timr at probo.com
Wed Aug 28 06:05:26 CEST 2002
danielnuriyev at yahoo.com (Daniel Nuriyev) wrote:
>To Joseph A Knapka: you wrote that anygui looks the same no matter
>what the underlying native package you
>It is stupid of me to contradict because I didn't try all of them on
>several OSs but can you explain how
>I am asking because there are two ways to implement such a package.
>One is to correspond every AnyGUI widget to its native counterpart.
>In this case Tk will not look like wxWindows etc.
>The other way would be to use something like the Canvas widget of each
>of the native packages to draw
>dot by dot all the numerous widgets and other auxiliaries in Python...
Let me ask you a philosophical question. Which approach do YOU think is
the better one?
In my opinion, your first approach is the better one: use the native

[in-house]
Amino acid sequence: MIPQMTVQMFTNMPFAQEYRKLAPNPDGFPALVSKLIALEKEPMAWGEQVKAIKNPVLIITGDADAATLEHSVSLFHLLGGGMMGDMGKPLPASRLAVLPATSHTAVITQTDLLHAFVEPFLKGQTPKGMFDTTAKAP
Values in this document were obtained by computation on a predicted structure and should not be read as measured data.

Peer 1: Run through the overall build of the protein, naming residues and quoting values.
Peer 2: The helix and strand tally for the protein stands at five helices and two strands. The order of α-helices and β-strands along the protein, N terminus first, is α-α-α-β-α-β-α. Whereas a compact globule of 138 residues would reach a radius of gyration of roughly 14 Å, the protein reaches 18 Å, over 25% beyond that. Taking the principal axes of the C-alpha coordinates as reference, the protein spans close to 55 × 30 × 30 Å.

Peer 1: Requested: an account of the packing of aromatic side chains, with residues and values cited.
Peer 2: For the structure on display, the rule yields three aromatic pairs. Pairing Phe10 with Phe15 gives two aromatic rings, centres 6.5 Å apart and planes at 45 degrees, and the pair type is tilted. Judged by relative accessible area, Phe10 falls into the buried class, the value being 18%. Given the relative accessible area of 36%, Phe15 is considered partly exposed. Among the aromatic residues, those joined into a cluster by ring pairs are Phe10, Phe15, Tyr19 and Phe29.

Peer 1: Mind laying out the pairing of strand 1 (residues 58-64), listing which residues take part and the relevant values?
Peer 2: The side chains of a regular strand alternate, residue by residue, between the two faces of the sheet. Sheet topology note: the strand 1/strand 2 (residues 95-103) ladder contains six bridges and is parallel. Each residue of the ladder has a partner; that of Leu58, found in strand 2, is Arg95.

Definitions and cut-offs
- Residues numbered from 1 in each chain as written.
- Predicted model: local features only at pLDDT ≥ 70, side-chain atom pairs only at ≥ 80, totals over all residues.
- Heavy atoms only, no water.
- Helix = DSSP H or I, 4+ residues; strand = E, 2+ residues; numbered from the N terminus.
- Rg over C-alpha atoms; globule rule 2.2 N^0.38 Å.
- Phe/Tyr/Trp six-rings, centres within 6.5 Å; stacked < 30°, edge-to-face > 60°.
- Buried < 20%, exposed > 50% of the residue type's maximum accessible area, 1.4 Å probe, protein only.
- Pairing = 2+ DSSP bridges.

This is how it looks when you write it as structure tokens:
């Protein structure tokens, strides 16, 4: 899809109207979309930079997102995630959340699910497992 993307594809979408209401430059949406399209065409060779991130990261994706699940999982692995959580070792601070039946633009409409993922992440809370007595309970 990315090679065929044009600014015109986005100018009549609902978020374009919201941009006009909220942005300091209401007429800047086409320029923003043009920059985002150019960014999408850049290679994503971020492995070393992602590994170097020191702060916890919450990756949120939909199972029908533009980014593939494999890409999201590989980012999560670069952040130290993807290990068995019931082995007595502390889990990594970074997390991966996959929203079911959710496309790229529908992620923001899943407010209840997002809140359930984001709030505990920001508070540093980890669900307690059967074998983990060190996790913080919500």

widgets wherever possible. Why? Familiarity. Lots of marketing
departments have the "cross-platform" bullet item disease, but the fact is
that very, very few people actually use a single application on multiple
platforms. Thus, having KillerApp on Windows look the same pixel-for-pixel
as KillerApp on Linux is just not that important.
Much more important, in my view, is that KillerApp on Windows should look
and feel like a Windows app, and KillerApp on X should look and feel like
an X app. That way, I don't have to "relearn" my conventions just for one
If we accept that (and I always accept everything I say), then the most
sensible approach is to use the native widget set, so that you inherit the
standard native framework. To me, wxPython is a great example of a toolset
that has achieved this goal.
- Tim Roberts, timr at probo.com
Providenza & Boekelheide, Inc.
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